Genome-wide mosaicism in divergence between zoonotic malaria parasite subpopulations with separate sympatric transmission cycles

Divis, Paul Cliff Simon and Duffy, Craig W. and Kadir, Khamisah Abdul and Singh, Balbir and Conway, David J. (2018) Genome-wide mosaicism in divergence between zoonotic malaria parasite subpopulations with separate sympatric transmission cycles. Molecular Ecology, 27 (4). pp. 860-870. ISSN 09621083

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Abstract

Plasmodium knowlesi is a significant cause of human malaria transmitted as a zoonosis from macaque reservoir hosts in South-East Asia. Microsatellite genotyping has indicated that human infections in Malaysian Borneo are an admixture of two highly divergent sympatric parasite subpopulations that are, respectively, associated with long-tailed macaques (Cluster 1) and pig-tailed macaques (Cluster 2). Whole-genome sequences of clinical isolates subsequently confirmed the separate clusters, although fewer of the less common Cluster 2 type were sequenced. Here, to analyse population structure and genomic divergence in subpopulation samples of comparable depth, genome sequences were generated from 21 new clinical infections identified as Cluster 2 by microsatellite analysis, yielding a cumulative sample size for this subpopulation similar to that for Cluster 1. Profound heterogeneity in the level of intercluster divergence was distributed across the genome, with long contiguous chromosomal blocks having high or low divergence. Different mitochondrial genome clades were associated with the two major subpopulations, but limited exchange of haplotypes from one to the other was evident, as was also the case for the maternally inherited apicoplast genome. These findings indicate deep divergence of the two sympatric P. knowlesi subpopulations, with introgression likely to have occurred recently. There is no evidence yet of specific adaptation at any introgressed locus, but the recombinant mosaic types offer enhanced diversity on which selection may operate in a currently changing landscape and human environment. Loci responsible for maintaining genetic isolation of the sympatric subpopulations need to be identified in the chromosomal regions showing fixed differences. © 2018 John Wiley & Sons Ltd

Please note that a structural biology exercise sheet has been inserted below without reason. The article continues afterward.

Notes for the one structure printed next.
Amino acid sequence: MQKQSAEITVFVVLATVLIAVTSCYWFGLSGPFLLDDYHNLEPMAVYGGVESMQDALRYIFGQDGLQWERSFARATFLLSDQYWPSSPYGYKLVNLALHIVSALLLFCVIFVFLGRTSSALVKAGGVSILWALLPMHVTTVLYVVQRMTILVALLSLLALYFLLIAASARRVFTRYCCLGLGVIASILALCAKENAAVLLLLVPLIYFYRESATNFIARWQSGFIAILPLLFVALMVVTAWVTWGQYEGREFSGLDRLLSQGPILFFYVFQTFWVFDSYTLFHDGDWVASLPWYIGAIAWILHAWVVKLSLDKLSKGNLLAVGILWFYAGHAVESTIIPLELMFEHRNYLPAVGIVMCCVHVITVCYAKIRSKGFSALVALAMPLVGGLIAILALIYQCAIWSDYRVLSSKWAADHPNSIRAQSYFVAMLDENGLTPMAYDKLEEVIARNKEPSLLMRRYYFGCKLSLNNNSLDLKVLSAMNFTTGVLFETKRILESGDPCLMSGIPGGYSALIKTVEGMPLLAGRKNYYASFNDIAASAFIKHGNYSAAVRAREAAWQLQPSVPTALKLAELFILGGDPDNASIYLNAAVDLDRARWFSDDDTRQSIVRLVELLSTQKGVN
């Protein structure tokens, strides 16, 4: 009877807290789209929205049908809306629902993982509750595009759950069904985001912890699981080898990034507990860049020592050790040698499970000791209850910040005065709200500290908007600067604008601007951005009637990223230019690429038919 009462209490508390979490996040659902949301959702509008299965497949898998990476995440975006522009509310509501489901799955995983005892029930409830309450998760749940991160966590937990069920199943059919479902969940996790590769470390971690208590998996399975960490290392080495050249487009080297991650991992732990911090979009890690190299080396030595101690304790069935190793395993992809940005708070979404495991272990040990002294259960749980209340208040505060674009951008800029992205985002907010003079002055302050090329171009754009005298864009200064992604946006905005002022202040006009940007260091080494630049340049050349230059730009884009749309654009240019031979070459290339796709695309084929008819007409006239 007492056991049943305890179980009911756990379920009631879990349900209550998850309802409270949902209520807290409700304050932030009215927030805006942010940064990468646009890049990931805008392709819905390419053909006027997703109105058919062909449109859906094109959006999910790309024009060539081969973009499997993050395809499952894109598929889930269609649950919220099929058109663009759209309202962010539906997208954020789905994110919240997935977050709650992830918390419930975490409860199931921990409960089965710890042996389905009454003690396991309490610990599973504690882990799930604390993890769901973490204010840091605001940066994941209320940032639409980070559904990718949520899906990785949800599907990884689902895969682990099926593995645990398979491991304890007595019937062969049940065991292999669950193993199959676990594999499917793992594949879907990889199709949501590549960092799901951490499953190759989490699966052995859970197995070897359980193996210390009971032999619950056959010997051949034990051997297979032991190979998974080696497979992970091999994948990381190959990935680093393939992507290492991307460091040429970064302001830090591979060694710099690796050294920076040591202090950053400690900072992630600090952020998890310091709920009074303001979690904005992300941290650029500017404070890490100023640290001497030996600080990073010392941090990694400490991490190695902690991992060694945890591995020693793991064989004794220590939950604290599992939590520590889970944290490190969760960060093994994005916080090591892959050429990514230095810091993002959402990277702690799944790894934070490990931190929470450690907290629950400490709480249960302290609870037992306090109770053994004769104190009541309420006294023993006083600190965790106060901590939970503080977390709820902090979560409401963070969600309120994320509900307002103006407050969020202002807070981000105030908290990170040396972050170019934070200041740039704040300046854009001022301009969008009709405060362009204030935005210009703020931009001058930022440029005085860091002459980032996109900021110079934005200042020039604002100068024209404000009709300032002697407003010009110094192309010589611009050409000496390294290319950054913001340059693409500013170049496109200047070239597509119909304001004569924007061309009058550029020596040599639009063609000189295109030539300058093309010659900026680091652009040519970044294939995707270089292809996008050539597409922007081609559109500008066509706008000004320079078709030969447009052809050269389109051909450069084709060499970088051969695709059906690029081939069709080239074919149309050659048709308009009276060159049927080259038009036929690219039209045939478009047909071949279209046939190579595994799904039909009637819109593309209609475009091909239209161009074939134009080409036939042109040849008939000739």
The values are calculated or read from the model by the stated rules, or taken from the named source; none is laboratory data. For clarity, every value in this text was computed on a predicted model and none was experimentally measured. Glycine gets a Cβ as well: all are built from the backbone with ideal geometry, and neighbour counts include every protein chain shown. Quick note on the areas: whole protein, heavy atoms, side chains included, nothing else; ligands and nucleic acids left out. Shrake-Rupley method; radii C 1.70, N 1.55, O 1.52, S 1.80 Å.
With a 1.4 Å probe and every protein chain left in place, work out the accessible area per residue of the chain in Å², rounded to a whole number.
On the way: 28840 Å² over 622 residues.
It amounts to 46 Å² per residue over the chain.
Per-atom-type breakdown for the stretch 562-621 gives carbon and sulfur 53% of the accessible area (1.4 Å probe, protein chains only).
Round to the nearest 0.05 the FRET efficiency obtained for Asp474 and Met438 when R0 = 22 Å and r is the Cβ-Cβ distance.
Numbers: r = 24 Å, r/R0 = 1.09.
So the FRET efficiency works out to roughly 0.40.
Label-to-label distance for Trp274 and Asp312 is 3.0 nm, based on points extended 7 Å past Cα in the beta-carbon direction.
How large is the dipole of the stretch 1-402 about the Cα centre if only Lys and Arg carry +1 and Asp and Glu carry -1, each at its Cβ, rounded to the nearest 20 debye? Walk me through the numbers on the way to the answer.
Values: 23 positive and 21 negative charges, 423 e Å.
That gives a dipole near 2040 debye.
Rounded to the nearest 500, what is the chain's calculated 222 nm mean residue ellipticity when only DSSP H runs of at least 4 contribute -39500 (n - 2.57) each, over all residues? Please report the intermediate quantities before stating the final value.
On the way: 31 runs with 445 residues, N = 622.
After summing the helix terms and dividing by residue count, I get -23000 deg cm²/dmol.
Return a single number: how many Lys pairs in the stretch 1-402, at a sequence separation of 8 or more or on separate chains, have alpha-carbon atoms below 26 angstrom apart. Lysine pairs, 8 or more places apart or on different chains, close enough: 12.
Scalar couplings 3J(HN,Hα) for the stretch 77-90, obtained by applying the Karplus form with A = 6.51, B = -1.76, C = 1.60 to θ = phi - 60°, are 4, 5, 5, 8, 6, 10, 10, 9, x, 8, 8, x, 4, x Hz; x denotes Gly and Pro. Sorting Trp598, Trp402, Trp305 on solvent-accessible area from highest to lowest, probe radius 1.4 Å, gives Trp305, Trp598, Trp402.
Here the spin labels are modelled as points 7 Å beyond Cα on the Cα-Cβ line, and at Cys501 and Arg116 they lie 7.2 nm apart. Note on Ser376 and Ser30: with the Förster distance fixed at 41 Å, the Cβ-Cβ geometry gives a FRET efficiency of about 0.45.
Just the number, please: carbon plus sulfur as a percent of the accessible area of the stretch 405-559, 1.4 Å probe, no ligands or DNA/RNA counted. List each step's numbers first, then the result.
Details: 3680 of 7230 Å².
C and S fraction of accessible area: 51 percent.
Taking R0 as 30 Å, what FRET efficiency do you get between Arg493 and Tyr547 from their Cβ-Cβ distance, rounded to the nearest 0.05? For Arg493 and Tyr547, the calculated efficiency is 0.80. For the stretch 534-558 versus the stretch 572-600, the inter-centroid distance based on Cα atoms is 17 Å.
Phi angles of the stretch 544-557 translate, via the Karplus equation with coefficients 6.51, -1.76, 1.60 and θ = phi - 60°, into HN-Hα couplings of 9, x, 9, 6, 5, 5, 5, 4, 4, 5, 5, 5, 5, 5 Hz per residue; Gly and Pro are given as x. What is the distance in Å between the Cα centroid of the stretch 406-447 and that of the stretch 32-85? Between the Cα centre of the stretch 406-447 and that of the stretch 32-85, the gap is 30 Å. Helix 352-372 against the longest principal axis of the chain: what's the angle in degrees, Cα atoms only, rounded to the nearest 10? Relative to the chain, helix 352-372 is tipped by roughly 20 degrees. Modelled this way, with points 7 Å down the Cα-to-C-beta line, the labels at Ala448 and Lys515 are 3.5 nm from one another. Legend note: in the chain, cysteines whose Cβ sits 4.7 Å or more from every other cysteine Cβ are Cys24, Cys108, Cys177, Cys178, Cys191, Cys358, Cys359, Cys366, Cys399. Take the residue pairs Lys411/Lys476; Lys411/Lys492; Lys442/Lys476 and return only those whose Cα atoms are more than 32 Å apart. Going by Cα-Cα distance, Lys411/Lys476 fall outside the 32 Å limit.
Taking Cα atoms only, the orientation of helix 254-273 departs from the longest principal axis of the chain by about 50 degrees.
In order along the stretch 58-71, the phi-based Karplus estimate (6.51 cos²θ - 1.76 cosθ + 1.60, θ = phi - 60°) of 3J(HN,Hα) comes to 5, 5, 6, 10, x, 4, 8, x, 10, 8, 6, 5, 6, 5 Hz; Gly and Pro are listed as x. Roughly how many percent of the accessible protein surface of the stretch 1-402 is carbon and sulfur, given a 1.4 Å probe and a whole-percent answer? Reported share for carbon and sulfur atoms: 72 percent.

Item Type: E-Article
Uncontrolled Keywords: adaptation, genomic divergence, host-specificity, introgression, unimas, university, universiti, Borneo, Malaysia, Sarawak, Kuching, Samarahan, ipta, education, research, Universiti Malaysia Sarawak
Subjects: Q Science > QH Natural history > QH426 Genetics
Divisions: Academic Faculties, Institutes and Centres > Faculty of Medicine and Health Sciences
Depositing User: Ibrahim
Date Deposited: 11 Apr 2018 01:07
Last Modified: 08 Jul 2019 01:29
URI: http://ir.unimas.my/id/eprint/20049

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